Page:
But even if the Republicans manage to block any political action against stock buybacks, another issue looms as a threat. It would have just as negative of an impact, too, severely reducing the ability of companies to buy back their shares.
And the chances of it happening are even higher...
This Ticking Time Bomb Will Blow Up Share Buybacks
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The only thing worse than buying back shares to inflate stock prices was buying back shares with borrowed money.
Yes, many companies have gone deep into debt to repurchase shares, enticed by the cheap money made possible by the Fed's near-zero interest rate policy.
According to a report released in April by Bank of America Corp. (NYSE: BAC), U.S. corporations have borrowed $2.5 trillion over the past five years while buying up $2.7 trillion worth of their own shares.
From 2011 to 2015, about a quarter of stock buybacks were financed with debt. In 2016 and 2017, the percentage shot up to about one-third. Last year, rising interest rates pushed the proportion down to 14%.
But all that debt continues to weigh down corporate balance sheets, and investors aren't happy about it.
"Today, the game has changed," the Bank of America analysts wrote. "Three times as many investors want companies to pay down debt than to buy back stocks."
So while companies are expected to have sufficient cash to buy back stocks even without borrowing over the next couple of years, the overhang of existing debt will pressure CEOs to adjust their allocation policies accordingly.
"After years of transferring value from bondholders to shareholders, companies may now be forced to instead defend their balance sheets at the expense of shareholders," the analysts said.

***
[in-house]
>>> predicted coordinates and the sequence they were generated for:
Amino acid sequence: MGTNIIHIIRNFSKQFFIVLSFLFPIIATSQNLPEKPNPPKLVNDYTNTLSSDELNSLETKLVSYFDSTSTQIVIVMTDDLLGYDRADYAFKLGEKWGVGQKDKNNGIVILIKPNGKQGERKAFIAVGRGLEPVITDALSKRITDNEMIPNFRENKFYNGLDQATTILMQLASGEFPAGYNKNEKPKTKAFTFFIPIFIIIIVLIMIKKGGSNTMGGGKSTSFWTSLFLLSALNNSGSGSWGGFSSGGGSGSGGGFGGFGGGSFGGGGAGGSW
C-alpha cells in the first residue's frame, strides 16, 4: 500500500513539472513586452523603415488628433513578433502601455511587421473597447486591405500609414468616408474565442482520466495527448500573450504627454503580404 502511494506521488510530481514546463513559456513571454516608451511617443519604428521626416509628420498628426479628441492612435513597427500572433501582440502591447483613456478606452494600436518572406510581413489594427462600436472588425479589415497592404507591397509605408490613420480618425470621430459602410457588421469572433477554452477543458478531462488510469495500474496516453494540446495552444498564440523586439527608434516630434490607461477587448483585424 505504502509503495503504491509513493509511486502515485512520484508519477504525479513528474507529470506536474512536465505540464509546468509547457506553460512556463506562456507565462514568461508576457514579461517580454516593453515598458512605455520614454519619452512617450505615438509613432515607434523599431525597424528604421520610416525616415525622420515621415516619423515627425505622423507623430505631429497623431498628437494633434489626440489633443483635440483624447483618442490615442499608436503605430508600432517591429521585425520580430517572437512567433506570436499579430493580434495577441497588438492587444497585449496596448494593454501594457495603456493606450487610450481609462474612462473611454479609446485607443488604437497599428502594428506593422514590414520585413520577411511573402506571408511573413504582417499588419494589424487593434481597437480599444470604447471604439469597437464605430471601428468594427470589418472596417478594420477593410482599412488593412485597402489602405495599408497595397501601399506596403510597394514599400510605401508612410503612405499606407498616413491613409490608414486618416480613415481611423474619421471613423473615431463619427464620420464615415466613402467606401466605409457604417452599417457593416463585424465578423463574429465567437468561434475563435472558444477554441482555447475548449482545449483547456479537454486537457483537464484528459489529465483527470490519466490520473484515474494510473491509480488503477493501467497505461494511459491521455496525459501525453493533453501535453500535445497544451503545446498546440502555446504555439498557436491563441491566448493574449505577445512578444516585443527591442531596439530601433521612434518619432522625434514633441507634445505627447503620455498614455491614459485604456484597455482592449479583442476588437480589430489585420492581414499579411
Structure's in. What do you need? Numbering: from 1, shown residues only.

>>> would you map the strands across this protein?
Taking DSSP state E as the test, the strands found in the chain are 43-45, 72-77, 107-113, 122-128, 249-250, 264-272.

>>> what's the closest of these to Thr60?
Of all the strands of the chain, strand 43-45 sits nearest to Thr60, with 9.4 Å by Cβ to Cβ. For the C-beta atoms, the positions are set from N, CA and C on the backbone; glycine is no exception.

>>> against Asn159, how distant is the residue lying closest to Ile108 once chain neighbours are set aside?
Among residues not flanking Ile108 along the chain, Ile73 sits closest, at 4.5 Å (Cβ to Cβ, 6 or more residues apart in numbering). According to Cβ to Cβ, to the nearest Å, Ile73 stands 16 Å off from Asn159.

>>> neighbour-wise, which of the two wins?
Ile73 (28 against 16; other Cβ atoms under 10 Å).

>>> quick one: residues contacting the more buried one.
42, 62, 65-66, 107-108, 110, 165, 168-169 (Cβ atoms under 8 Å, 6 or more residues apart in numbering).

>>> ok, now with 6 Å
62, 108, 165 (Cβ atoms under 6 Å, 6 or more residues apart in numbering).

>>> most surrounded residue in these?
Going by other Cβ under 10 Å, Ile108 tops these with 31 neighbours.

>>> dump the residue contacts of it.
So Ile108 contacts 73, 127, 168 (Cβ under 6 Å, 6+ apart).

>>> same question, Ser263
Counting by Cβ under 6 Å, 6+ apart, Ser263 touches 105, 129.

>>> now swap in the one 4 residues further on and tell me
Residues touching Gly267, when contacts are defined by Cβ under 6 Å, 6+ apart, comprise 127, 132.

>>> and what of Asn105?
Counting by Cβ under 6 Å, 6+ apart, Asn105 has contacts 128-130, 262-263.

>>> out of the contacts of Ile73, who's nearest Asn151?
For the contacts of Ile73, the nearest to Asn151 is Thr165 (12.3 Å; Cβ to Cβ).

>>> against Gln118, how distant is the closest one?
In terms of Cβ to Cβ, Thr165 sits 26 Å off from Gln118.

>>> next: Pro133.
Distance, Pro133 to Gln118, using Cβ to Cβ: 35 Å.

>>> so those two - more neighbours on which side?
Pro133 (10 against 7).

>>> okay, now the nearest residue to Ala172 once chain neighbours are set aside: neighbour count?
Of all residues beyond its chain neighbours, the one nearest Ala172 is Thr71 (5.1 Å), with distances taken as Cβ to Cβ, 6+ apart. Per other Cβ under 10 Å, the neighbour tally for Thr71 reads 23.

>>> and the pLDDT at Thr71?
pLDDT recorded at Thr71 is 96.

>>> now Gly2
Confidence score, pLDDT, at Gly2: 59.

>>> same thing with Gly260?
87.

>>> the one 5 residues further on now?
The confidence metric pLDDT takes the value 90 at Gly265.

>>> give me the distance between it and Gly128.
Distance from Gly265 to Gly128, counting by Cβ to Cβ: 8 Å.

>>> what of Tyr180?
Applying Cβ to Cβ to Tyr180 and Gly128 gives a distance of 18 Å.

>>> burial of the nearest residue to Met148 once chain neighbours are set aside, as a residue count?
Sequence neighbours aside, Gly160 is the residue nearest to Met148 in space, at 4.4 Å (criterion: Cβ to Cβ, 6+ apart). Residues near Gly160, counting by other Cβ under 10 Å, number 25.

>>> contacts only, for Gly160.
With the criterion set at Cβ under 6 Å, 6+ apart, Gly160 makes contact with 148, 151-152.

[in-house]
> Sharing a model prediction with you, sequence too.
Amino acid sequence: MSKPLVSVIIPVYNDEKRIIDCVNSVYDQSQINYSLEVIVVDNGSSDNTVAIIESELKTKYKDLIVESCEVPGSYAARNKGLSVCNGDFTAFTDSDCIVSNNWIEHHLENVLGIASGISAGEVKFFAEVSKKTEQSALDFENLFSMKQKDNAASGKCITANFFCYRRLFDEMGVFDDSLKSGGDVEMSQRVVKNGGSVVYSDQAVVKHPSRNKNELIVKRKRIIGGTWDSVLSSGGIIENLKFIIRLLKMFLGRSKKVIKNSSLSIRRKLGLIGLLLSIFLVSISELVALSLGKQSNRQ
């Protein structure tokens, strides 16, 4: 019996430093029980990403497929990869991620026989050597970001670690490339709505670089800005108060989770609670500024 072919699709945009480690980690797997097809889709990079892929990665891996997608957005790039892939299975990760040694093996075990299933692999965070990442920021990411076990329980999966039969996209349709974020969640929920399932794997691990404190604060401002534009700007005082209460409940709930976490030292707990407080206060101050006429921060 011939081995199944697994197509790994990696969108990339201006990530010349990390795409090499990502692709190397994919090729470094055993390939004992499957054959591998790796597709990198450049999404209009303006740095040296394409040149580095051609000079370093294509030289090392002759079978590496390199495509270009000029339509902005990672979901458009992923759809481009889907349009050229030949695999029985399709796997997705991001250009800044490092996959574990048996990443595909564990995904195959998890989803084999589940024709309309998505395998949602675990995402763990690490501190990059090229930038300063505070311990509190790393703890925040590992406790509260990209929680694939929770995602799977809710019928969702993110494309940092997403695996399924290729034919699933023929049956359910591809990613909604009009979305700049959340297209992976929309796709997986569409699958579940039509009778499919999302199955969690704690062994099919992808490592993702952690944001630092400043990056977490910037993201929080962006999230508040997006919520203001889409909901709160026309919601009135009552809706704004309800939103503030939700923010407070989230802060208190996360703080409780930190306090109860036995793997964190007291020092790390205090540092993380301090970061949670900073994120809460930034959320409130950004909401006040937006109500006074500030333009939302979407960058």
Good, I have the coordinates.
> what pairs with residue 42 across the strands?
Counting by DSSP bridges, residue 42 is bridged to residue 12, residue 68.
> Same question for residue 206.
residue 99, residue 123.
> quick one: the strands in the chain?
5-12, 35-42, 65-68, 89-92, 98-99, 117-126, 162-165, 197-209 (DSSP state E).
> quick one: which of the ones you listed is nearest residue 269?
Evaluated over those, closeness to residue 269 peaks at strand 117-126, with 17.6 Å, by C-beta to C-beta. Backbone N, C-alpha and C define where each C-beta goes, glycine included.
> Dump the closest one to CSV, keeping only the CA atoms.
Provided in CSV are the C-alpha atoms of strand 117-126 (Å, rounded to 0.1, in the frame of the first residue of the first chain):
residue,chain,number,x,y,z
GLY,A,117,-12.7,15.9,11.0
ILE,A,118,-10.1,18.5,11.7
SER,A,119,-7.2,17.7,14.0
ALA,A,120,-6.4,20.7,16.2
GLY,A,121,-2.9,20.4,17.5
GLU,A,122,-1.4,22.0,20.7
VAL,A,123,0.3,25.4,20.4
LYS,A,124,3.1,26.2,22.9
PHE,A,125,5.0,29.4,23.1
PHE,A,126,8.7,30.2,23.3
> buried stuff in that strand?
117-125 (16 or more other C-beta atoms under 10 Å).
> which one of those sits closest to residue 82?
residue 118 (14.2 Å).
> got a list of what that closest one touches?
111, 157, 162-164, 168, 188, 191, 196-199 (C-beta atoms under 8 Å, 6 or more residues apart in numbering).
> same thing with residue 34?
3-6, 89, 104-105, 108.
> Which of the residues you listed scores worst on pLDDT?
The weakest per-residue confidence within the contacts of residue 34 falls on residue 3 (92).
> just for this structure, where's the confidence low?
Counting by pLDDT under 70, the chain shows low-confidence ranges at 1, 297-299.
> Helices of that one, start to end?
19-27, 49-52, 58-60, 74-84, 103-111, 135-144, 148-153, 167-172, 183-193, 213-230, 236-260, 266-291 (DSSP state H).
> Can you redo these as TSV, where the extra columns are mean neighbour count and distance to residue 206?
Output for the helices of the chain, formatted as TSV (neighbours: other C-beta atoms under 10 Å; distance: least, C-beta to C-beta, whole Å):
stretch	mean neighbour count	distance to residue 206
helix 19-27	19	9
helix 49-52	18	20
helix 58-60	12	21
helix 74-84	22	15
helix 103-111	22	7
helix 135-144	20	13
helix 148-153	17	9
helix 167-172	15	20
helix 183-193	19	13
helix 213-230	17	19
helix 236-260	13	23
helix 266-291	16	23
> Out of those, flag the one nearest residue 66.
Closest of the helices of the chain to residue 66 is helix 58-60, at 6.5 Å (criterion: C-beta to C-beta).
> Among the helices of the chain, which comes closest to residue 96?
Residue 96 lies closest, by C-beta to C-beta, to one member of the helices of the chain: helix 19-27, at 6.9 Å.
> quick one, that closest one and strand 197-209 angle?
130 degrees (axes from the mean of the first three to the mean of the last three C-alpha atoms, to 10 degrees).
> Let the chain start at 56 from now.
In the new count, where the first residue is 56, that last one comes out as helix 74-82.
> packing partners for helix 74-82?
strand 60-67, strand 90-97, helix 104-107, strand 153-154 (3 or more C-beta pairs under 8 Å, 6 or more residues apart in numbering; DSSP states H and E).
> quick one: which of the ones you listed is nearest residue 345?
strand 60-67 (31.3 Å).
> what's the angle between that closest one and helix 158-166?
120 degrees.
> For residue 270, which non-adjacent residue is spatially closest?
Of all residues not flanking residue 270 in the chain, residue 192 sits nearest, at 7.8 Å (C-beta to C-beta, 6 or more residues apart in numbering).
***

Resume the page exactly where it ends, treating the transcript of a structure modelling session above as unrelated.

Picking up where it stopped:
You also have the specter of rising interest rates that would make paying down debt preferable to buying back shares. While the Federal Reserve has "paused" rate hikes for now, a persistently robust economy could force a shift to a more hawkish policy.
But one way or another, the days of massive stock buybacks are coming to an end - and that will pop the stock market bubble.
Be Prepared for a Market Crash
The truth is, allowing massive stock buybacks was a bad idea. The SEC screwed up.
But all we can do now is deal with consequences. The addiction is real. And the market's withdrawal symptoms will be especially ugly.
Sure, stocks may well keep climbing higher... for a while. But with the bull market built on sand, it won't take much to topple it. So you definitely need to have a plan in place.
"There are a TON of ways to make money - and keep the money you have - in a downturn," said Money Morning Macro Signal Strategist Matt Piepenburg, who recommends three basic strategies for hedging against a crash.
"Strategies for hedging portfolios, and to just flat-out make money when markets tank, include short selling, buying put options, and using inverse ETFs," Piepenburg said.
One of the most basic ways to hedge is with inverse exchange-traded funds (ETFs). These funds move in the opposite direction of the markets. Among his favorites are the ProShares Short S&P 500 ETF (NYSEArca: SH), the ProShares Short Dow 30 ETF (NYSEArca: DOG), and the ProShares Short QQQ (NYSEArca: PSQ) which tracks the inverse of the Nasdaq Composite.
With short selling, you borrow a stock with the intent of buying it back at a future, lower price. So you make money if the stock falls, but lose if it rises. Piepenburg recommends shorting only for experienced investors.
Instead, he prefers using put options as a way to short with less risk. Instead of borrowing the stock, you buy an option contract. If the trade goes against you, you're only out the cost of the contract - a fraction of the loss you'd have if you shorted the stock itself.
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About the Author
David Zeiler, Associate Editor for Money Morning at Money Map Press, has been a journalist for more than 35 years, including 18 spent at The Baltimore Sun. He has worked as a writer, editor, and page designer at different times in his career. He's interviewed a number of well-known personalities - ranging from punk rock icon Joey Ramone to Apple Inc. co-founder Steve Wozniak.
Over the course of his journalistic career, Dave has covered many diverse subjects. Since arriving at Money Morning in 2011, he has focused primarily on technology. He's an expert on both Apple and cryptocurrencies. He started writing about Apple for The Sun in the mid-1990s, and had an Apple blog on The Sun's web site from 2007-2009. Dave's been writing about Bitcoin since 2011 - long before most people had even heard of it. He even mined it for a short time.
Dave has a BA in English and Mass Communications from Loyola University Maryland.